Amnesty International issued a scathing indictment of the world's dominant internet corporations, arguing in a new report that Google and Facebook should be forced to abandon what it calls their surveillance-based business model because it is "predicated on human rights abuse."
The London-based global rights group said in the 60-page report published Thursday that the business model of what it calls the "Surveillance Giants" is "inherently incompatible with the right to privacy." Google and Facebook likewise threaten a range of other rights, including freedom expression and the right to equality and non-discrimination, the group said.
The report said the company's practice of vacuuming up personal data in order to feed voracious advertising businesses represents an unprecedented assault on privacy rights. It says the companies force people to make a "Faustian bargain" to share their data in order to access Google and Facebook services that have grown to dominate the global public square.
"This ubiquitous surveillance has undermined the very essence of the right to privacy," the report said, adding that the companies' "use of algorithmic systems to create and infer detailed profiles on people interferes with our ability to shape our own identities within a private sphere."
Amnesty called on governments to legally guarantee people's right not to be tracked by advertisers or other third parties. It called current regulations - and the companies' own privacy-shielding measures - inadequate.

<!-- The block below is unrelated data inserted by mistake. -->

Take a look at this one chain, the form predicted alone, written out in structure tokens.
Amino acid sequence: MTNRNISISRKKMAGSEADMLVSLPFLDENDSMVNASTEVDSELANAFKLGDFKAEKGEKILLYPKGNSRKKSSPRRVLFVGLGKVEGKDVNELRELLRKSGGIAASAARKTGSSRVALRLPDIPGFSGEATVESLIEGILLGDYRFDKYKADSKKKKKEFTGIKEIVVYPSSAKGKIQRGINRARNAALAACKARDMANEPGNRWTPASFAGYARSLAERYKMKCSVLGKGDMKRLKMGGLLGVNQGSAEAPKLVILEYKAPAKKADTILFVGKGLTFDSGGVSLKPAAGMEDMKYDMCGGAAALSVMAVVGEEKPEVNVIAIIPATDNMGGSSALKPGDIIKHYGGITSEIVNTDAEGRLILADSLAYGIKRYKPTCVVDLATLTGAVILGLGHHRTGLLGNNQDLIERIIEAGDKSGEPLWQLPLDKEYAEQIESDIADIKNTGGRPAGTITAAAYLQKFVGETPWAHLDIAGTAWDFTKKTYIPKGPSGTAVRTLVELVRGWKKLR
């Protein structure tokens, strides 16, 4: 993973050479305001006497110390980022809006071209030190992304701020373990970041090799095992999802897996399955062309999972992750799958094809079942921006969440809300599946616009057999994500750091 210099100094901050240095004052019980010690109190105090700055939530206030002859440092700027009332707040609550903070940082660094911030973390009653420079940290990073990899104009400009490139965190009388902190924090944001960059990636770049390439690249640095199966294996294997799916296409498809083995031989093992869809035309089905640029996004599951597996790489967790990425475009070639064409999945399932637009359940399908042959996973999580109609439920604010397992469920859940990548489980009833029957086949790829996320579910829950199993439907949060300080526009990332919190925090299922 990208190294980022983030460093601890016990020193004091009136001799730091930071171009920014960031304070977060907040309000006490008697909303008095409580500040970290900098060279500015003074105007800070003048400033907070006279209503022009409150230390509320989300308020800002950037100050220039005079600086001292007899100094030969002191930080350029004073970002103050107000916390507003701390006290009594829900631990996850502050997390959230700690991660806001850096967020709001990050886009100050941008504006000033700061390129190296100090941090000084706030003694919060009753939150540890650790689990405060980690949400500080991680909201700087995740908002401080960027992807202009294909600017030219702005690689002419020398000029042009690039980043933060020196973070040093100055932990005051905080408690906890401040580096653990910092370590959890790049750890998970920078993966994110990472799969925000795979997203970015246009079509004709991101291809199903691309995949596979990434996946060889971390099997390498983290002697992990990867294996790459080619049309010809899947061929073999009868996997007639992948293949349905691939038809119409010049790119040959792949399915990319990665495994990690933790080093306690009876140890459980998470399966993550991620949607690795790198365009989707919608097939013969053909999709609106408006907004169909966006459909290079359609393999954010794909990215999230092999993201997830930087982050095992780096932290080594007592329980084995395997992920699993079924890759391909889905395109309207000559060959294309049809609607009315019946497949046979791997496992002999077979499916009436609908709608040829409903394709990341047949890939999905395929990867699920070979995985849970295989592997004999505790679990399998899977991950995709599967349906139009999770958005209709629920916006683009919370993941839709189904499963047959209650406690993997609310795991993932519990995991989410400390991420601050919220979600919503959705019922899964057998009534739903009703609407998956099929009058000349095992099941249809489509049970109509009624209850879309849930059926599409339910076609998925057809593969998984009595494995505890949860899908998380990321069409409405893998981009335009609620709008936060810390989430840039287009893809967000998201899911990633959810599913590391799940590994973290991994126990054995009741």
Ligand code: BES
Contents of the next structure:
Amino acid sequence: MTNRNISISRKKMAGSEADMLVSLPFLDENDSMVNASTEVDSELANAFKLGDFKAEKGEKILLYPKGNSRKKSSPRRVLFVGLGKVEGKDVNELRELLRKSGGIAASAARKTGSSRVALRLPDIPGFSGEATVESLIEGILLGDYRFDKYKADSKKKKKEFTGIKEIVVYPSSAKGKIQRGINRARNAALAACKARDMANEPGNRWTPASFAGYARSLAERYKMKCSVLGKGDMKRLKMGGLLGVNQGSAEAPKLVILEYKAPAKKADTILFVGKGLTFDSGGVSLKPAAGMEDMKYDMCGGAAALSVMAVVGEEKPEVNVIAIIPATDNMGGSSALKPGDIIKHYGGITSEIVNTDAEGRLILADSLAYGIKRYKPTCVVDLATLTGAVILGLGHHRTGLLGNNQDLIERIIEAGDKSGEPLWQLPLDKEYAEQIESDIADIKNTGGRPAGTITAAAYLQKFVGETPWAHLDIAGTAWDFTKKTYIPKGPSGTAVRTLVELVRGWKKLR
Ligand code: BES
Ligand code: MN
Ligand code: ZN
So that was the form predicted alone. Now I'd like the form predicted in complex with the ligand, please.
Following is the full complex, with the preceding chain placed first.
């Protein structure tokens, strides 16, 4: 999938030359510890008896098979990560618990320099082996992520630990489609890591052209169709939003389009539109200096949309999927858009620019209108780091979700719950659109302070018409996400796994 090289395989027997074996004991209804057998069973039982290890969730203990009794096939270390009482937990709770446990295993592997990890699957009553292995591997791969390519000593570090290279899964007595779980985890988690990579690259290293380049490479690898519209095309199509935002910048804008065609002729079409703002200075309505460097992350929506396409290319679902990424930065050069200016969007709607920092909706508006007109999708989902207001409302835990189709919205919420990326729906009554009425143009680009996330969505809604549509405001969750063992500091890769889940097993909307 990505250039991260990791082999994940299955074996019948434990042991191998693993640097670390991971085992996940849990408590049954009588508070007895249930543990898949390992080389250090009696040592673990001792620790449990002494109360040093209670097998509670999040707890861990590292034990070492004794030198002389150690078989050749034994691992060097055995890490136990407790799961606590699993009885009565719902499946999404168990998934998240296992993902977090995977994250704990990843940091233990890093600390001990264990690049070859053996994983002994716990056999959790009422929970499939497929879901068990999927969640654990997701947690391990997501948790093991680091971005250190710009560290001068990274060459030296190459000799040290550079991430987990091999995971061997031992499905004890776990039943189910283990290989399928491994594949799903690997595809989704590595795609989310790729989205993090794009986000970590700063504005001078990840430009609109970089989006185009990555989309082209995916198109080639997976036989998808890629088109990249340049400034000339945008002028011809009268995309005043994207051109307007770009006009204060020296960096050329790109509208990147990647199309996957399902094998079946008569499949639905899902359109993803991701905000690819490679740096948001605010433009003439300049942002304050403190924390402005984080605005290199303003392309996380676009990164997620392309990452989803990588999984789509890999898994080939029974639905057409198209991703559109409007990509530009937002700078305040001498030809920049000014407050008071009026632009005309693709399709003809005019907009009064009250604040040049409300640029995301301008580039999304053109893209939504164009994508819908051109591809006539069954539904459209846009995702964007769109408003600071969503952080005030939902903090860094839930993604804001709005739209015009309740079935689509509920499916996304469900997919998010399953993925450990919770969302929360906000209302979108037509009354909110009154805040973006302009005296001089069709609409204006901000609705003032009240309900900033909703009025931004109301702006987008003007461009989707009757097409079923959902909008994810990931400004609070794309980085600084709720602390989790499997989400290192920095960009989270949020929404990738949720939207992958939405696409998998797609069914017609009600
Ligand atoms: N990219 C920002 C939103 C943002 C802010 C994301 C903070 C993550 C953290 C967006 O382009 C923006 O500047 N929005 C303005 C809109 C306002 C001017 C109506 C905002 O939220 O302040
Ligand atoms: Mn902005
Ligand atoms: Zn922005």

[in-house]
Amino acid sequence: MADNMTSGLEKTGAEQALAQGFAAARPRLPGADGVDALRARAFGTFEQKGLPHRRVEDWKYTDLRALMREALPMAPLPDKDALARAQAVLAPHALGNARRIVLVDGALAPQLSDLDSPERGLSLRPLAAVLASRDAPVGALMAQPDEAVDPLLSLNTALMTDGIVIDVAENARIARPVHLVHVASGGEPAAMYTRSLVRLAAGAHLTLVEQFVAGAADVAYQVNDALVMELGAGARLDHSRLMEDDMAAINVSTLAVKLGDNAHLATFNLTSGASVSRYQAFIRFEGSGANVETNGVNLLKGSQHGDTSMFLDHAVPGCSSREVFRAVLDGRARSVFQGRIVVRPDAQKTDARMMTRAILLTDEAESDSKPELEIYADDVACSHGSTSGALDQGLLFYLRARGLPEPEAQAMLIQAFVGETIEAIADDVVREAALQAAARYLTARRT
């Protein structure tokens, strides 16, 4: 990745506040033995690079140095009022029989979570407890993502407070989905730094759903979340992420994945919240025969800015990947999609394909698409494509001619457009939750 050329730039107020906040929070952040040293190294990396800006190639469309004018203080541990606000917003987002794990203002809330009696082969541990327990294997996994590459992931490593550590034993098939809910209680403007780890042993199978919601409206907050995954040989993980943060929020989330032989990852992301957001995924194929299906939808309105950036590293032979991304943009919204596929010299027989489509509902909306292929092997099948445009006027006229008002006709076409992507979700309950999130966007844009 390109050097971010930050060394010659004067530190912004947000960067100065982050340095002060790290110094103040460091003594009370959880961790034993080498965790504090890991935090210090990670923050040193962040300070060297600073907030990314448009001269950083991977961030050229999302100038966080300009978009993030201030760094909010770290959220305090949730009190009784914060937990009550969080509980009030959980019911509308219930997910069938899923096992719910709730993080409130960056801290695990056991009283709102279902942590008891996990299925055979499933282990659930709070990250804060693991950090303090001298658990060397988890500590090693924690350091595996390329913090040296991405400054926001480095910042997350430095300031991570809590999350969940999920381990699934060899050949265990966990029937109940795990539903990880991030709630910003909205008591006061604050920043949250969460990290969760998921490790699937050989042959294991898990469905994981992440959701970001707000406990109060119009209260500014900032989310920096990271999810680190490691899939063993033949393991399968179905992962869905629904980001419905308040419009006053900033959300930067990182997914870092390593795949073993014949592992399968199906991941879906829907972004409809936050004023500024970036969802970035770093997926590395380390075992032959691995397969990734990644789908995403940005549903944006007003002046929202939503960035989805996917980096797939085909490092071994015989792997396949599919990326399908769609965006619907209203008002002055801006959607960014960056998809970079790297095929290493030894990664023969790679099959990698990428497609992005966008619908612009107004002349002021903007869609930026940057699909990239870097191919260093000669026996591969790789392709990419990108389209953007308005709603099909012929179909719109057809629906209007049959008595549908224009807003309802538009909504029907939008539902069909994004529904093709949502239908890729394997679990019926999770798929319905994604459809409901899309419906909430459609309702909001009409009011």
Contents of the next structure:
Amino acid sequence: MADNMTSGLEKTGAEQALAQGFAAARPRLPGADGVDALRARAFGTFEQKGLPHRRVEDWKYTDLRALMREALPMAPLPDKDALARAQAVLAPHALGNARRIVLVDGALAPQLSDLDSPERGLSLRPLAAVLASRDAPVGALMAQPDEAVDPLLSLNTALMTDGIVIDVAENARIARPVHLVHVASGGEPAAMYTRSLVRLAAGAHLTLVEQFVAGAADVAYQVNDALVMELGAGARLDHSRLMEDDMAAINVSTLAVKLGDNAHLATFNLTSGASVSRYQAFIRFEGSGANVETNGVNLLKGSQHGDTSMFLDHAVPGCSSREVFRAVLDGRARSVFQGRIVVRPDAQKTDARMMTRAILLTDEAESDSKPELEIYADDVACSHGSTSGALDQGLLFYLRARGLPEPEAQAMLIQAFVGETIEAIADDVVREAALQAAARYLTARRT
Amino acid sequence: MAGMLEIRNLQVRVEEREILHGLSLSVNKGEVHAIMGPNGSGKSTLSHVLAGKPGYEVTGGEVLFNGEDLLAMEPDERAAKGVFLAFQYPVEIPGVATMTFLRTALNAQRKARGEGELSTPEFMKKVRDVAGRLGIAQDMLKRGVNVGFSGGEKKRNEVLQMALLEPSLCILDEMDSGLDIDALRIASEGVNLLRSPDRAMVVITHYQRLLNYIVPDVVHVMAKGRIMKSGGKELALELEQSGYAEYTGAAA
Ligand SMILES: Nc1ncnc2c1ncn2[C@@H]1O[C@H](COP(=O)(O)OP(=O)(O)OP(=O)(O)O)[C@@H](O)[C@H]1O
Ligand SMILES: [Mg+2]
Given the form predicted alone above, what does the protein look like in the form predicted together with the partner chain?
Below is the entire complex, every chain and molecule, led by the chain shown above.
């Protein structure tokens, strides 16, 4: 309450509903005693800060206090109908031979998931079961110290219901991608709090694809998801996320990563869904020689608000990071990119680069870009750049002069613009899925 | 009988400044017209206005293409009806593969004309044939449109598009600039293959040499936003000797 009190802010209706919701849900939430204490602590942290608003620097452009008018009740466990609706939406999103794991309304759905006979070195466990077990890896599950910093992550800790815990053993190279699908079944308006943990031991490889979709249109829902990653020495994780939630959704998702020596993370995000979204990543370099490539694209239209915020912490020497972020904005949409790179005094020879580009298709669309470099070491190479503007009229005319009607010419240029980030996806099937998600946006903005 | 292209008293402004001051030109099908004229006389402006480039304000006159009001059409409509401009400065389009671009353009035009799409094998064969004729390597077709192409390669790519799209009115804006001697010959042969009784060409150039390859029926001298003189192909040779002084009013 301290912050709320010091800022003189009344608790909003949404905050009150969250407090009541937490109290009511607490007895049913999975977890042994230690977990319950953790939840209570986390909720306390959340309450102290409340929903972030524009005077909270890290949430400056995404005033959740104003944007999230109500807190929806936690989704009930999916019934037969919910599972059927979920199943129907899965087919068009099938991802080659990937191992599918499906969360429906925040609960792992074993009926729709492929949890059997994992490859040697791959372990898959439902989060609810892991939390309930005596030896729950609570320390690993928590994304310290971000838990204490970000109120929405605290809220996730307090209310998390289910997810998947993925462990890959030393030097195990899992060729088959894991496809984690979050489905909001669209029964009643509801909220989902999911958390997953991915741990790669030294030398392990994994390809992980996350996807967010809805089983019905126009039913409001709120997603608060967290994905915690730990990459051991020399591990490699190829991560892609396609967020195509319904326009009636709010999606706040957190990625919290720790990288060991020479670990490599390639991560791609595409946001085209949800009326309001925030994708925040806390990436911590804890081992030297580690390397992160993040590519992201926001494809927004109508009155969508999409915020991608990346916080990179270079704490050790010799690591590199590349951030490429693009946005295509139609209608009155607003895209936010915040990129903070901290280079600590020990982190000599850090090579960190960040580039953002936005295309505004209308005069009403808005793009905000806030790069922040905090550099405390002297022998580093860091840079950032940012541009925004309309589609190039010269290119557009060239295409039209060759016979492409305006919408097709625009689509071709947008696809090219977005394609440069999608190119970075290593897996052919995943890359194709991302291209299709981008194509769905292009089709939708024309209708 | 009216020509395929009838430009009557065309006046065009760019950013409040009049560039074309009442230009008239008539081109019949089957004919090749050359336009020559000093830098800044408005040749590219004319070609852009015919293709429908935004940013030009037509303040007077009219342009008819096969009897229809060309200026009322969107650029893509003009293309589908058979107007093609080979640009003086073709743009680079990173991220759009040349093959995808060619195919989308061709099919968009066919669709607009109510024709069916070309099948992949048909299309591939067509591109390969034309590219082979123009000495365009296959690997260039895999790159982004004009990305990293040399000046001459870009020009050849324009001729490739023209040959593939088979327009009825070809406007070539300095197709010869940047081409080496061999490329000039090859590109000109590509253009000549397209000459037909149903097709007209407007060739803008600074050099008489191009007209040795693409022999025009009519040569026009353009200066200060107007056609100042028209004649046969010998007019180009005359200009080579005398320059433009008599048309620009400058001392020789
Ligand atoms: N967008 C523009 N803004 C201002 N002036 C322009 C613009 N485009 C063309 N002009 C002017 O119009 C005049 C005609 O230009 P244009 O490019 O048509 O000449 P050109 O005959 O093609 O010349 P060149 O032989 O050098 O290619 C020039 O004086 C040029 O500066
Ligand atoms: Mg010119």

In a written five-page response published with the report, Facebook disagreed with its conclusion that the company's business practices "are inconsistent with human rights principles."
Steve Satterfield, Facebook's public policy director, also disputed that the social media behemoth's business model is "surveillance-based" and noted that users sign up voluntarily for the service, which is nominally free although data collected is used to sell ads.
"A person's choice to use Facebook's services, and the way we collect, receive or use data - all clearly disclosed and acknowledged by users - cannot meaningfully be likened to the involuntary (and often unlawful) government surveillance" described in international human rights law, the letter states.
Google did not offer an on-the-record response to the report but disputed its findings. Amnesty said the company provided input and publicly available documents.
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